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The cricket on the lady-bird
Makes a passing call,
Drops of crystal water
Furnish drink for all.

CHORUS: Wine's, &c.
The lily and the daisy,
Sun-burnt in the field,
Had no parasol of leaves
Their purity to shield;
So sunlight dropp'd its cloud-veil,
And rain began to fall,
Drops of crystal water
Soon reviv'd them all.

CHORUS: Wine's, &c.
Corn that gilded acres,
The clover, and the grass,
Cowslips that the children
Gather as they pass ;
The primrose in the green lane,
The berry on the sloe,
Drops of crystal water
Cause them all to grow,

CHORUS: Wine's, &c.
Drops of crystal water
Form the running rills,
Where the cress is growing
By the brambled hills ;
Oceans vast and boundless,
Rivers wide and far,
Drops of crystal water
Make them what they are.

CHORUS: Wine's, &c.

GOD'S WAYS ARE BEST. In the joys of careless infancy, Basked a young and lovely child; And its lustrous eyes told truthfully, That bliss its hours beguiled.

A lamb of

snowy whiteness, Formed the object of its love, And they gambolled in the brightness, Of the sunshine from above. But oh! the little fav’rite died, And the child could find no rest, Till smiling through the tears she tried To think “God's ways are best."

A mother looked with speechless joy
Upon her first-born child,
“God bless my own, my baby boy,"
She fondly said and smiled.
But oh! too soon that joy was o'er,
Called to resign his breath,
And soon his cherub features wore,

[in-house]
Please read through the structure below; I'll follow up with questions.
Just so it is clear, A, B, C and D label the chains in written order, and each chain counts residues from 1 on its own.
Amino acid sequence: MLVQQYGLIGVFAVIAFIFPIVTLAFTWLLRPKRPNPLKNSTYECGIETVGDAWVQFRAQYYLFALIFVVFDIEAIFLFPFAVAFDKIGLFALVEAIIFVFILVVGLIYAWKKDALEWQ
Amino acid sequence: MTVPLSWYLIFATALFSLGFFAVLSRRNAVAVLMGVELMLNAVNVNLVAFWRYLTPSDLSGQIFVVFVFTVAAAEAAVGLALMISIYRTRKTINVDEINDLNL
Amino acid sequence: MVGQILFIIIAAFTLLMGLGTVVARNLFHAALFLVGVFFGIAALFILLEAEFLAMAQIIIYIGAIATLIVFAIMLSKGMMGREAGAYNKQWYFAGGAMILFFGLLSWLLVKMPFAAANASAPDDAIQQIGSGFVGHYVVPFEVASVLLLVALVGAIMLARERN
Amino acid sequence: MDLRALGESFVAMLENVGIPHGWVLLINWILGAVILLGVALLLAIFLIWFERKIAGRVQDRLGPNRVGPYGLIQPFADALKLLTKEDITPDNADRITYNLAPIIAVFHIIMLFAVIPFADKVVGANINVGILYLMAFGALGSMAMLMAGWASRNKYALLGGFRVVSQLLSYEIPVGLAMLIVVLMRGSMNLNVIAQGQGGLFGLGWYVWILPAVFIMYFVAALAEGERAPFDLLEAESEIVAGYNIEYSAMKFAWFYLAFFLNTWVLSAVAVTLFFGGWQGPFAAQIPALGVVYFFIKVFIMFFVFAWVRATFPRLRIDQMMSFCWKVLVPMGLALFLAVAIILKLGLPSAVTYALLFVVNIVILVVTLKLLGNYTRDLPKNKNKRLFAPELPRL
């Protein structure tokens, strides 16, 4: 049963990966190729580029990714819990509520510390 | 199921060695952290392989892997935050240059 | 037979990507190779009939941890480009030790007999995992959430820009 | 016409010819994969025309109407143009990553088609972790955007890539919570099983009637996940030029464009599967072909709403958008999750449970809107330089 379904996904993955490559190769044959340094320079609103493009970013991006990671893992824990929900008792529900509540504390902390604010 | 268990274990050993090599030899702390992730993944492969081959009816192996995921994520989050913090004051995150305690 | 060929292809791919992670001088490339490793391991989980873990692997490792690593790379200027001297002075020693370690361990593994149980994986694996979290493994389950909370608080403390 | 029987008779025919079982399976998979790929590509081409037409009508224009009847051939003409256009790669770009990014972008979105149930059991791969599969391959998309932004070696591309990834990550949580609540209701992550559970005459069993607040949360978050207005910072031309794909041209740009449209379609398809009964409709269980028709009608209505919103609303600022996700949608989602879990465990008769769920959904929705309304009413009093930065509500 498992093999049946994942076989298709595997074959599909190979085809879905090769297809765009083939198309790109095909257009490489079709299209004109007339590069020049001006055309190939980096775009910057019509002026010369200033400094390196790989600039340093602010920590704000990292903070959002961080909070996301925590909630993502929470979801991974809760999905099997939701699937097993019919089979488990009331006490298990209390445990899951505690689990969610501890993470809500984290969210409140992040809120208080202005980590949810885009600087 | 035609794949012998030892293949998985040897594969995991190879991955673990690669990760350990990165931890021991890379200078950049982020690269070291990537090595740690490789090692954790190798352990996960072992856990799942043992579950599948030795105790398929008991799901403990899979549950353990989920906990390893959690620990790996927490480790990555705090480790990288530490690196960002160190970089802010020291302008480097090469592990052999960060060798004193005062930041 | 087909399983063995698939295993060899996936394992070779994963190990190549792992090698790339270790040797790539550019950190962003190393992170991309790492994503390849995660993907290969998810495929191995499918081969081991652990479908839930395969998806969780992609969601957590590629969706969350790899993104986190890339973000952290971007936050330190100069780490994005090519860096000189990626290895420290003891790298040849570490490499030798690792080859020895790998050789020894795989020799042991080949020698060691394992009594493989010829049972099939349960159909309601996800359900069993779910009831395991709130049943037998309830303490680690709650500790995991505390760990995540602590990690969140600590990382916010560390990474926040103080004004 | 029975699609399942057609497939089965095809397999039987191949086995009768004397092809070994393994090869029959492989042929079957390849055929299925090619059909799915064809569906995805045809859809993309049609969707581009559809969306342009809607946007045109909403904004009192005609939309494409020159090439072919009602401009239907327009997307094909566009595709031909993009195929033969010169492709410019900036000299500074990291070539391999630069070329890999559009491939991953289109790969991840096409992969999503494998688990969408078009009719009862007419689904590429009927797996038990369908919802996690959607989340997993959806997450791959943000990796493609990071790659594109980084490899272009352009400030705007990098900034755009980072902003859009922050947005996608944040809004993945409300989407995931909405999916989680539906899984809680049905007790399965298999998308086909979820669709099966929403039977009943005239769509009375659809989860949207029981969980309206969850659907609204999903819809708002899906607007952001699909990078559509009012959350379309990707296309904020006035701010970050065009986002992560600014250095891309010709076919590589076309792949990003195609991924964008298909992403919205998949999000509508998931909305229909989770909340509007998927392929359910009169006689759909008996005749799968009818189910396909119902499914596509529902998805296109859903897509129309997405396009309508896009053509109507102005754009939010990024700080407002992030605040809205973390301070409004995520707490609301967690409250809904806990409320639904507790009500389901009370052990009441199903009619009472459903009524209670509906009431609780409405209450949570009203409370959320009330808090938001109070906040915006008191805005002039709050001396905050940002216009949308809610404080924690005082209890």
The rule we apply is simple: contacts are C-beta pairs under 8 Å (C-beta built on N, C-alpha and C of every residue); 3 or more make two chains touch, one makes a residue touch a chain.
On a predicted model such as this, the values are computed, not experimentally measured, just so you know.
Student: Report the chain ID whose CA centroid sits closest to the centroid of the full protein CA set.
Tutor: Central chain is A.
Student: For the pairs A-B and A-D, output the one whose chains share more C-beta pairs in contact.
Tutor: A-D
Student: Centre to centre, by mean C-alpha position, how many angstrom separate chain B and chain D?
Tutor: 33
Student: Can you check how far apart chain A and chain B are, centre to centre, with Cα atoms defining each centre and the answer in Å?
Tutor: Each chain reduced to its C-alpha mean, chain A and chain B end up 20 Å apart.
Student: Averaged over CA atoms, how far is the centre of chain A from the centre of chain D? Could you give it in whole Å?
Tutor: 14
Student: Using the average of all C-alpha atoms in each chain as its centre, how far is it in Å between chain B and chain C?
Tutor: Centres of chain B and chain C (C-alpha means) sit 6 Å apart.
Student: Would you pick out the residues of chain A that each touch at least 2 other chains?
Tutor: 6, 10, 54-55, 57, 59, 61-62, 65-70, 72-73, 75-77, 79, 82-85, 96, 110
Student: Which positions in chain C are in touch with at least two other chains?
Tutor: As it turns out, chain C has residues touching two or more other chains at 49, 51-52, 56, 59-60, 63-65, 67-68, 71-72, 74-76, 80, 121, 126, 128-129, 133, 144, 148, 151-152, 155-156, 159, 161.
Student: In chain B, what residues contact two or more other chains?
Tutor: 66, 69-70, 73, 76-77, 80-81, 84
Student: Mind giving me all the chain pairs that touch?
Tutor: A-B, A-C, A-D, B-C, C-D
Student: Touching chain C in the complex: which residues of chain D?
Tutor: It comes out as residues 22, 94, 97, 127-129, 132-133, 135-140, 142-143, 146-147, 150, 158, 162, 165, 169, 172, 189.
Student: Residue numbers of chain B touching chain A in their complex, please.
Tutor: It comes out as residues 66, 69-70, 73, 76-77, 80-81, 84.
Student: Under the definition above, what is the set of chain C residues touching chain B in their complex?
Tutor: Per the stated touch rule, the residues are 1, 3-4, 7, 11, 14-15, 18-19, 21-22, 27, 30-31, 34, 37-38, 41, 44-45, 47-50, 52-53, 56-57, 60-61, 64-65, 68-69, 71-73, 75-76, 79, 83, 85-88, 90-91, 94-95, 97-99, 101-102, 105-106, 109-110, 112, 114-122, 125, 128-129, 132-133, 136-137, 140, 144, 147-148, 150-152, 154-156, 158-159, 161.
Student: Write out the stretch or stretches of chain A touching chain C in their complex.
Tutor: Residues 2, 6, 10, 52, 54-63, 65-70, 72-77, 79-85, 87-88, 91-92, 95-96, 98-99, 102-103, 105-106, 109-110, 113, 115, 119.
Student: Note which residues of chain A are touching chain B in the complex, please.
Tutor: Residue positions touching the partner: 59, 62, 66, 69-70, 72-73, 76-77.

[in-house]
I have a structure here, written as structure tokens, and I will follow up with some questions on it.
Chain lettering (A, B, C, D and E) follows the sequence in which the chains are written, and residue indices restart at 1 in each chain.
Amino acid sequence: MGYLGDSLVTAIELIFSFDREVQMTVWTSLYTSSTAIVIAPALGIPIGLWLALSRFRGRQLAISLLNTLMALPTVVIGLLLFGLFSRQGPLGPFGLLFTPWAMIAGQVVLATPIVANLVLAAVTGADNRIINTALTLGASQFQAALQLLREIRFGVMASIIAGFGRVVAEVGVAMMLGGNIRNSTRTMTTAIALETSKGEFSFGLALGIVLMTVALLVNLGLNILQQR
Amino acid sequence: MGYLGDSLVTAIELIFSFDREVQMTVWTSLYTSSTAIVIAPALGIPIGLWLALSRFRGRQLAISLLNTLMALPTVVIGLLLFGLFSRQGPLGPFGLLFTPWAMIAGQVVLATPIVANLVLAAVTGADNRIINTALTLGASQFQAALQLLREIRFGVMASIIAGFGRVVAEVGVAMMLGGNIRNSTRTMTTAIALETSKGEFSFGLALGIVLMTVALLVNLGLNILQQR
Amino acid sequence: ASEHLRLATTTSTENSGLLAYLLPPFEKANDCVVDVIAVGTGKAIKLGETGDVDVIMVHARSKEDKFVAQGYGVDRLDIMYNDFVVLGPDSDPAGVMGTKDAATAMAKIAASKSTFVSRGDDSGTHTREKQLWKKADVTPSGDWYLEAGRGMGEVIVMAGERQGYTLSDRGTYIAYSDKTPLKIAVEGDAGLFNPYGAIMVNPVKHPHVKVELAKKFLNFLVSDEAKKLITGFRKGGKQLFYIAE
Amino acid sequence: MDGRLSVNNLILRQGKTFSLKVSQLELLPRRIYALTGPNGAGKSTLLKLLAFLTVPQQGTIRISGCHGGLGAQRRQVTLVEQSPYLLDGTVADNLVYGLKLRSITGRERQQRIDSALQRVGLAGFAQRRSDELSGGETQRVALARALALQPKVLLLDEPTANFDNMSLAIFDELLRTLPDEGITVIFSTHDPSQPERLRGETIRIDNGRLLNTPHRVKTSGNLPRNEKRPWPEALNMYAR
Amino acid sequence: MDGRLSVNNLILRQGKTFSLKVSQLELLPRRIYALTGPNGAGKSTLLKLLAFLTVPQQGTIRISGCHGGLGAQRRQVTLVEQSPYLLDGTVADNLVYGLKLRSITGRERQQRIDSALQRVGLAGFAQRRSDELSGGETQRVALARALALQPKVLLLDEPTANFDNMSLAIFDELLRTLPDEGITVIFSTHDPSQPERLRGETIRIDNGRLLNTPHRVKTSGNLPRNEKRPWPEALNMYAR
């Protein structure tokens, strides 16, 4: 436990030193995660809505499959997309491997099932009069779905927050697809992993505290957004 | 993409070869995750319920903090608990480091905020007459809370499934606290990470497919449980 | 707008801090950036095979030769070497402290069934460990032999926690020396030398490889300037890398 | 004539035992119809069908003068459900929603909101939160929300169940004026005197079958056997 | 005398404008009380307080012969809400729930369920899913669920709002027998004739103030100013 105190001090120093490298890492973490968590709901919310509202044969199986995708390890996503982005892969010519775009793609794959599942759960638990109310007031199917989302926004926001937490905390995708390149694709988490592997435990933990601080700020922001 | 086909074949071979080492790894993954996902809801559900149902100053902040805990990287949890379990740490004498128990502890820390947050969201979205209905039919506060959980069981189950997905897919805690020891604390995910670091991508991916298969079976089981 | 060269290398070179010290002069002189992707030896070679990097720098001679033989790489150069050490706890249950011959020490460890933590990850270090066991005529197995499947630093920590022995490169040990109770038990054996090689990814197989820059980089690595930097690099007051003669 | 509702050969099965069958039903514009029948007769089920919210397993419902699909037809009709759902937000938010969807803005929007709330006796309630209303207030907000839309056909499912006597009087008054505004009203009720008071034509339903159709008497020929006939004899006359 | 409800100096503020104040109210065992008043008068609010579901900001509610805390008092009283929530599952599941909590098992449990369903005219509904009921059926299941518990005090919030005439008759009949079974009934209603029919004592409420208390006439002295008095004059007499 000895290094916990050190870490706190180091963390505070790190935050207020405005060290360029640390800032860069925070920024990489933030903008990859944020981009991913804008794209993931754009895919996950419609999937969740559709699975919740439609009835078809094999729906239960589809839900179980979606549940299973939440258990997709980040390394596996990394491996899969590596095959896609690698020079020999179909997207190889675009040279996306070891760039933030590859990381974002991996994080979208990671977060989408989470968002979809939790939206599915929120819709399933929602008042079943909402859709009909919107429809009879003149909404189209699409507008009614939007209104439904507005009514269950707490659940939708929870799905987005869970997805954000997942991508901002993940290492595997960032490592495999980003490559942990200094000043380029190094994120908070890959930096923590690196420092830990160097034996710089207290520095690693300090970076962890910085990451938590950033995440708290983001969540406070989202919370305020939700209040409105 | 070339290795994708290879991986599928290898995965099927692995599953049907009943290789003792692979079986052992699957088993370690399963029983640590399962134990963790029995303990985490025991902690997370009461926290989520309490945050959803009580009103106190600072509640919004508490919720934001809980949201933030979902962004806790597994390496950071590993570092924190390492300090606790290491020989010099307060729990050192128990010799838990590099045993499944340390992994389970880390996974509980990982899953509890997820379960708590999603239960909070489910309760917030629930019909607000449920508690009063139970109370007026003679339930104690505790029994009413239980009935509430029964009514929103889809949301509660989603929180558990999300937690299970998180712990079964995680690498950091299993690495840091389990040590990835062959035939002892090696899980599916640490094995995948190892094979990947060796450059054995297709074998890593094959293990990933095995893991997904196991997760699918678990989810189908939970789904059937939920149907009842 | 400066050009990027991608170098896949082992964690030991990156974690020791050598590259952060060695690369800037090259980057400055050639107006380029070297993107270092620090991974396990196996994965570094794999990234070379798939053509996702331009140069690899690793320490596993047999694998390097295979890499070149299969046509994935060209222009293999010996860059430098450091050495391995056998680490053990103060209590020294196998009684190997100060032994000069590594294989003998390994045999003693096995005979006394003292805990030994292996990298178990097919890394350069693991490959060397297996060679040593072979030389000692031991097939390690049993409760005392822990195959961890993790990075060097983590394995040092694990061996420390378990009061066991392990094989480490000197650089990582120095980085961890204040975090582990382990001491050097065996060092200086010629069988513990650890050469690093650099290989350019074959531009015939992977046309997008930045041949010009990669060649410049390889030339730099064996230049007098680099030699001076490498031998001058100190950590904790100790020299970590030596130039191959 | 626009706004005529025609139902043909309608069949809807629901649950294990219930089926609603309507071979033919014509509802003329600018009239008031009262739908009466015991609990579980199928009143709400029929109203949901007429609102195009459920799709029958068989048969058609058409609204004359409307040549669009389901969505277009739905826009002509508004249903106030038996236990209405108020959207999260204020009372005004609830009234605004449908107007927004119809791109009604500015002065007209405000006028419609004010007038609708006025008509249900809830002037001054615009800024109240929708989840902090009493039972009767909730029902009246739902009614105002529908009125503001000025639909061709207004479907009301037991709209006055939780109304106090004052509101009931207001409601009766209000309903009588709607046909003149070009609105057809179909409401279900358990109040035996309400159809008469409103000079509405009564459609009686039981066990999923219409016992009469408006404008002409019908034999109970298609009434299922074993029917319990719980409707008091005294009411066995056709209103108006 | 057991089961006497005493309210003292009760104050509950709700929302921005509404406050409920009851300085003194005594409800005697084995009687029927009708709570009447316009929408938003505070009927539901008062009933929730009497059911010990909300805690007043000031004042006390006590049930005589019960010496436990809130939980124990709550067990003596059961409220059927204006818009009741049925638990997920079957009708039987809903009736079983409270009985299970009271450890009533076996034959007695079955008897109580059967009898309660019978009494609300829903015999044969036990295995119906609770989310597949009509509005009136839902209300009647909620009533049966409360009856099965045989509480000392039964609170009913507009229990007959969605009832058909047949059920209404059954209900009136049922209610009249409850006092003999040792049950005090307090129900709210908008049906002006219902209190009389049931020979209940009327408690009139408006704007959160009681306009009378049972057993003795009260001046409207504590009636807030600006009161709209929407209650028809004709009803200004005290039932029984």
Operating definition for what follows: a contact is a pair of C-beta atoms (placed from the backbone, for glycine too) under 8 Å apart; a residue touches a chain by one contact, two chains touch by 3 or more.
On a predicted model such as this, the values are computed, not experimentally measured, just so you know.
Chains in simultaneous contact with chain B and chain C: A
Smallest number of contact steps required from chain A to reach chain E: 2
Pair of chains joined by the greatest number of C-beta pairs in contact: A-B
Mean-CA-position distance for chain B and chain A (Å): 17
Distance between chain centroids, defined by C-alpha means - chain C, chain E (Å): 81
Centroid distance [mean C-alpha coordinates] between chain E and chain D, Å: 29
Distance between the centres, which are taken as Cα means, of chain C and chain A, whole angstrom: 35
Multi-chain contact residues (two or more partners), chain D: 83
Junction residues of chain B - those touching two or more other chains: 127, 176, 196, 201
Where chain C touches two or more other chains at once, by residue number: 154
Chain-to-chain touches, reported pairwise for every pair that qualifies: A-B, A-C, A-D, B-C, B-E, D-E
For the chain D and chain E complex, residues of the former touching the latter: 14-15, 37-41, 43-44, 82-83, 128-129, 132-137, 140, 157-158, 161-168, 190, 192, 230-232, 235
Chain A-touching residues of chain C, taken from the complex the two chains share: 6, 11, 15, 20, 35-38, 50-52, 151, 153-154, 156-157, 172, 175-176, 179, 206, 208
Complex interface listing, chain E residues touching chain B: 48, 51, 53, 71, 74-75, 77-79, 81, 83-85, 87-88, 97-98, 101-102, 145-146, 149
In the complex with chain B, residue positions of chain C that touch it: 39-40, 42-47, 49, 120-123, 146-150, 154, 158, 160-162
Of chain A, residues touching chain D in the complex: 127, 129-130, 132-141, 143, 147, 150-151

The still stern mark of death.
Say, could that mother meekly part,
From the child her spirit blest ;

yes, she owned with saddened heart, God's ways are always best.”

In lone churchyard as moonbeams shed
A cold pale light around;
One stricken mourner 'midst the dead,
Bent o'er a grass-grown mound.
Oh! grief sat strangely on that brow,
For youth's strong pulses beat,
And his manly spirit seem'd, to bow
At dark eyed sorrow's seat,
For 'neath that mossy turf was laid,
His bride in dreamless rest;
And whilst deep grief his spirit weighed,
He owned, “God's ways are best.”

'Twas evening-o'er a tiny form
A boyish creature knelt,
Oh, he was bounding as the fawn,
E’er grief his bosom felt.

But ah, his own twin sister lay
In death's embraces prest,
And as that loved one passed away,
He cried, “God's ways are best.”
Oh, may we thus more meekly bend,
Beneath the stern behest,
And with each sorrow calmly blend,
This truth, “God's ways are best.”


By Marah's stream of bitterness,

When Moses stood and cried,
Jehovah heard his fervent prayer,

And instant help supplied :
The prophet sought the precious tree

With prompt obedient feet;
'Twas cast into the fount, and made

The bitter waters sweet.
Whene'er affliction o'er thee sheds

Its influence malign,
Then, sufferer, be the prophet's prayer

And prompt obedience thine:
'Tis but a Marah's fount ordain'd

Thy faith in God to prove,
And prayer and resignation shall

Its bitterness remove.


He is a path, if any be misled ;
He is a robe, if any naked be;
If any chance to hunger, he is bread;

any be a bondman, he is free;
If any be but weak, how strong is he!

To dead men life he is, to sick men health;

To blind men sight, and to the needy wealth: A pleasure without loss, a treasure without stealth.

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